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What happens to my pension when I change jobs?

What happens to my pension when I change jobs?
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Pension plans are an important source of retirement income for many working Brits. As of 2018, it’s compulsory for every company in the UK to enrol its eligible staff in a workplace pension scheme. Since these pension schemes are run by employers, you might be wondering what will happen to your pension if you change jobs.

Will you lose the pension and its benefits? Or will you be able to keep everything and walk away with it? Let’s find out.

How do workplace pensions work?

A workplace pension is a way of saving for retirement that’s arranged by your employer.

Contributions are deducted directly from your wages. Your employer will also add money into the pension scheme for you. Additionally, you’ll get tax relief from the government on the contributions you make to the scheme.

These contributions will then be invested with the ultimate aim of increasing the amount you have to retire on.  

There are two main types of workplace pensions:

  • Defined benefit pensions
  • Defined contribution pensions

For more information on the nature of each, check out our article on how pensions work.

What happens to my workplace pension if I change jobs?

The good news is that your workplace pension still belongs to you even if you change jobs, so you won’t lose it. You also won’t lose any benefits you might have already built up.

If you change jobs, you have several options for your pension.

First, you can leave the funds in your former workplace scheme. If you do not continue paying into the scheme, your money will still remain invested and you’ll get your pension once you reach the scheme’s pension age.

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Some employers might also allow you to continue making payments into your old scheme. However, they won’t make any new contributions. You might not get some of the pension scheme’s benefits in the future as they may only be available to the employer’s current workers. But you might still get tax relief on your payments.

The other option is to join your new employer’s pension plan. You can subscribe to the new plan while still maintaining the one at your old employer. Or you can transfer the old scheme to the one at your new employer or even to another different scheme. It’s important to note, though, that this is not possible for all schemes. So, before you take any action, check whether:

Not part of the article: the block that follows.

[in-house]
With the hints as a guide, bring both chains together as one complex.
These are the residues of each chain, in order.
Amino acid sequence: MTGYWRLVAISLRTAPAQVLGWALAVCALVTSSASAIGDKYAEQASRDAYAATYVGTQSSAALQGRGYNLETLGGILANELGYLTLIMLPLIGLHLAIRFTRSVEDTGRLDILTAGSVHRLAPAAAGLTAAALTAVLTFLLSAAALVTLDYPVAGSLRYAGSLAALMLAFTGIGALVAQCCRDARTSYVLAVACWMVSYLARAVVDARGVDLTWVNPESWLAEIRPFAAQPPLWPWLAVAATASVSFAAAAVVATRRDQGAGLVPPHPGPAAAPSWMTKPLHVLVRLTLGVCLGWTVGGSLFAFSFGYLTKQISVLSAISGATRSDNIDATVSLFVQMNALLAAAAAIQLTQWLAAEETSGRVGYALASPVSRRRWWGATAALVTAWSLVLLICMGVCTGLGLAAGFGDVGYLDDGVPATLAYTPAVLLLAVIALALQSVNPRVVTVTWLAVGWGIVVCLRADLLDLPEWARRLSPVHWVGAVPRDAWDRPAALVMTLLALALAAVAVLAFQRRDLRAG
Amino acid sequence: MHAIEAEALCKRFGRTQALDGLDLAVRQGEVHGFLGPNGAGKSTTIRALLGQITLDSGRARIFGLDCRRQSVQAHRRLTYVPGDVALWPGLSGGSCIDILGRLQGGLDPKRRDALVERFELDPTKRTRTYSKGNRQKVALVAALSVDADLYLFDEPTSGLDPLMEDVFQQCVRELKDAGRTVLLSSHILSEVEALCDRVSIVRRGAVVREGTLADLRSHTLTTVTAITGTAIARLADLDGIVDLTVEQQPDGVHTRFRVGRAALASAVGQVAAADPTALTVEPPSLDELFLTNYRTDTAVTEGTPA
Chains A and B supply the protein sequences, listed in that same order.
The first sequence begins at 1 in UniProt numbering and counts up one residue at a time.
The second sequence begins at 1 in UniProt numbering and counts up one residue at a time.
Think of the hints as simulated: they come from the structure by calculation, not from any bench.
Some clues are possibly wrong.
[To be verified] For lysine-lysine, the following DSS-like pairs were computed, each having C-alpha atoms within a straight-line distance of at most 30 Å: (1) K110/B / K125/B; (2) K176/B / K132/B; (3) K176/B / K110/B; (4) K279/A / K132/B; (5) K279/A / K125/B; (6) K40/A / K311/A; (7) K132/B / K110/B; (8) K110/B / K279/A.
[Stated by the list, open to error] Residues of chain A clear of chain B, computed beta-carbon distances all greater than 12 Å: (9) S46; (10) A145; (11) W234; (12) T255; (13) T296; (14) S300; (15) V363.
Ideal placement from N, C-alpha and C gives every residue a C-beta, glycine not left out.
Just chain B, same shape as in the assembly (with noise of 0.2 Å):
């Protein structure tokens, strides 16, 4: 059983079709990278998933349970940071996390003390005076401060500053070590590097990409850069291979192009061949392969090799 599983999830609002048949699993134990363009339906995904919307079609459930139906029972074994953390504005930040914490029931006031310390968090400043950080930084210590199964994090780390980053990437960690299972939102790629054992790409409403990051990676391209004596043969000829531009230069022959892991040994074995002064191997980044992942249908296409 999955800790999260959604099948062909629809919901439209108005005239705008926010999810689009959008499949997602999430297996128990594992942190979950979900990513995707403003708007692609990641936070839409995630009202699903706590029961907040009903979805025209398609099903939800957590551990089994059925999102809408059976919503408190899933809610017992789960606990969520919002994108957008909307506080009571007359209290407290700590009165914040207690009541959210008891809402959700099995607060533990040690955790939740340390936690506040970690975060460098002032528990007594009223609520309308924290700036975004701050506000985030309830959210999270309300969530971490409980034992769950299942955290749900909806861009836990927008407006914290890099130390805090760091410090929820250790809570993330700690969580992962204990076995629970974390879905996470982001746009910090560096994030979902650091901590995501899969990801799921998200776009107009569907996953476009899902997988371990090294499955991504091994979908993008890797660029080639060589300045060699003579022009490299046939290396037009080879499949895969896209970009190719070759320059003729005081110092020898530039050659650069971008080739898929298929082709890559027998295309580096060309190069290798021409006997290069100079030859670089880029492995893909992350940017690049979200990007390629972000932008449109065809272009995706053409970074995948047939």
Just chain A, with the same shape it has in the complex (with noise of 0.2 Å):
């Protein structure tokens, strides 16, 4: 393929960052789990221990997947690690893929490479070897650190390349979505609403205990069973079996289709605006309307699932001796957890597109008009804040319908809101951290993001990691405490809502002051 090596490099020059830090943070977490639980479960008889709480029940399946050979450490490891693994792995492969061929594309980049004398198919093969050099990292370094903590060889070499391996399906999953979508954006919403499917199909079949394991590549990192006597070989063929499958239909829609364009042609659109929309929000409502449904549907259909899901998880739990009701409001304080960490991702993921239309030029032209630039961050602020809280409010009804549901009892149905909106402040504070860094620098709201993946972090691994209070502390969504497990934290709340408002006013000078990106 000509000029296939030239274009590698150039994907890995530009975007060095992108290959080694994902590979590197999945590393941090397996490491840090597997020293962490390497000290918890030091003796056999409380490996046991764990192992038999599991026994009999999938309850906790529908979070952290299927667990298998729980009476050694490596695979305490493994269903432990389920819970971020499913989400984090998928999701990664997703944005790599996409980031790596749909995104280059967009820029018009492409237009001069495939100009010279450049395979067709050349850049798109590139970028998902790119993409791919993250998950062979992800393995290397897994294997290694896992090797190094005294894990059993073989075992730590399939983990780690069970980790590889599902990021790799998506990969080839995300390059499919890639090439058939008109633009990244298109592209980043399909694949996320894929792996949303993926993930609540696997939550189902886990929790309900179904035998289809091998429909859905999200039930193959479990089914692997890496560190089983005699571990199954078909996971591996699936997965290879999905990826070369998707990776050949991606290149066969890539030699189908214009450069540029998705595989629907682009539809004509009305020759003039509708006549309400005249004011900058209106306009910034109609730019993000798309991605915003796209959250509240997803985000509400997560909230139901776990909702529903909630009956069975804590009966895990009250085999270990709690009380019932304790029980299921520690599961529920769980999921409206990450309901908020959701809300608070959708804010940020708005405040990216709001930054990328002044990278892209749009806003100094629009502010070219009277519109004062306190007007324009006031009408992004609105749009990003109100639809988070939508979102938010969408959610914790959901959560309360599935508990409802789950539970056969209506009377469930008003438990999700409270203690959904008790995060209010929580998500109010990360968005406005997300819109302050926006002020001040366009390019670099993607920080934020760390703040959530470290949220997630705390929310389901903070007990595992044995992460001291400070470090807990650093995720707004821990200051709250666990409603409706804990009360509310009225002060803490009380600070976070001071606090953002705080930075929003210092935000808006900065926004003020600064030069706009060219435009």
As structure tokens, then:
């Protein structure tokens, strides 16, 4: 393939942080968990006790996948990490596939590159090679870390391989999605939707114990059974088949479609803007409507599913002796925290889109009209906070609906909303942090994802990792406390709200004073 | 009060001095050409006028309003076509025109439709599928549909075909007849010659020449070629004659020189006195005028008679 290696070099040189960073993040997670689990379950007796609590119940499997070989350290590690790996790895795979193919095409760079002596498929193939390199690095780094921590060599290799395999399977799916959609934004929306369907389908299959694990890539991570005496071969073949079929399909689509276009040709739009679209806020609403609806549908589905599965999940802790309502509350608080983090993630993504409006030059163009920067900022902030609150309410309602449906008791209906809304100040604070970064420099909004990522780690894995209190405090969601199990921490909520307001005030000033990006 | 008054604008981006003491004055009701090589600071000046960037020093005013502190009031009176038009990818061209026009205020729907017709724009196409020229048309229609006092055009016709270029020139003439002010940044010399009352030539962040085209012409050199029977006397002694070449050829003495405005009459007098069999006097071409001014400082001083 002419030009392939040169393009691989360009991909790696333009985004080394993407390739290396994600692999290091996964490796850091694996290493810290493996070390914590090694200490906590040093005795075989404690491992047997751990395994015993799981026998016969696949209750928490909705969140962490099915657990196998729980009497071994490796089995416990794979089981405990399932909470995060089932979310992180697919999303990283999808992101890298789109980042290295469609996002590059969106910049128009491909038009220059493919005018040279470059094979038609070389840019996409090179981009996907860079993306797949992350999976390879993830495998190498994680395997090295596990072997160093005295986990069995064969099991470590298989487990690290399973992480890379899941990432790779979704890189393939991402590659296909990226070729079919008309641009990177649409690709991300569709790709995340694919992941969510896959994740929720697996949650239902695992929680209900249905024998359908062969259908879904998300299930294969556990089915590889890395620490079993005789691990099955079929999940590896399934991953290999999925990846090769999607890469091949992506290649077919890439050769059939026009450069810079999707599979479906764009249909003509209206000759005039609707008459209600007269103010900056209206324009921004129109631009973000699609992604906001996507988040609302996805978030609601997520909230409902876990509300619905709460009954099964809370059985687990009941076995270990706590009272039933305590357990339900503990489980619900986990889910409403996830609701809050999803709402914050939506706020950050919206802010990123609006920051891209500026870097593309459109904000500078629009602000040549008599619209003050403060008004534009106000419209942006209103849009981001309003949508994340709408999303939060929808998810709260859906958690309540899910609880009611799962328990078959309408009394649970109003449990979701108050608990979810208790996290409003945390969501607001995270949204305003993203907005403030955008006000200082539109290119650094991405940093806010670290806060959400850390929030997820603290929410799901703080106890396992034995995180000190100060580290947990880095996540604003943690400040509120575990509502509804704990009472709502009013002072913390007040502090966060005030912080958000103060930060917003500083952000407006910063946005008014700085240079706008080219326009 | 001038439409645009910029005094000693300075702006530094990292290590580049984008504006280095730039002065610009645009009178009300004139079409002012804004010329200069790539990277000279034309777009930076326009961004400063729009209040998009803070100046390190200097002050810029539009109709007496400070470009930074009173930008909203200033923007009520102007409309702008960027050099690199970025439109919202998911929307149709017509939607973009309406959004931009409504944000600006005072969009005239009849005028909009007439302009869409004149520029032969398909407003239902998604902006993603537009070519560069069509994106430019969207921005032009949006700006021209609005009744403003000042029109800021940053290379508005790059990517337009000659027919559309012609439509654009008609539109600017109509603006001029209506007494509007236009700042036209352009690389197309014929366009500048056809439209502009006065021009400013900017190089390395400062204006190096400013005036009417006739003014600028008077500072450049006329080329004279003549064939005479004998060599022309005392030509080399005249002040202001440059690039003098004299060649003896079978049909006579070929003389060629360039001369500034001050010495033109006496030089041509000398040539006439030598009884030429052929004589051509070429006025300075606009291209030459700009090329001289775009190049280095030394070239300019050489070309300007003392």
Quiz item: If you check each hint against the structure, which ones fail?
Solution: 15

• Your current pension scheme provider allows you to transfer some or all of your pension pot
  • The new scheme that you wish to transfer to will accept the transfer

Can’t I just cash in the pension from my old employer?

It’s not that simple. Except in some rare cases, for example, if you are very ill, you usually can’t take money out of your pension pot before you turn 55.

In fact, according to Pension Wise, if someone contacts you unexpectedly and says they can assist you to access your pot before the age of 55, it’s likely to be a pension scam, so exercise caution.

What if I become self-employed?

If you leave your job to become self-employed, your former employer will no longer pay into your workplace pension, but you can leave the funds there and continue making contributions. Check first to see whether this is actually possible because, as mentioned, not all schemes will allow it.

There are also several other ways to save for your retirement after becoming self-employed.

For example, you can set up a personal pension or stakeholder pension. These are available from various pension providers in the UK and could give a much-needed boost to your retirement income.

Another option worth considering is the National Employment Saving Trust (NEST). This is a government-run workplace pension scheme that’s open to employers and the self-employed.

Final word

If you are changing jobs and are unsure of what to do with your current pension, it might be a good idea to talk to a financial adviser first. They can help you make the best choice based on your situation and your goals for the future.

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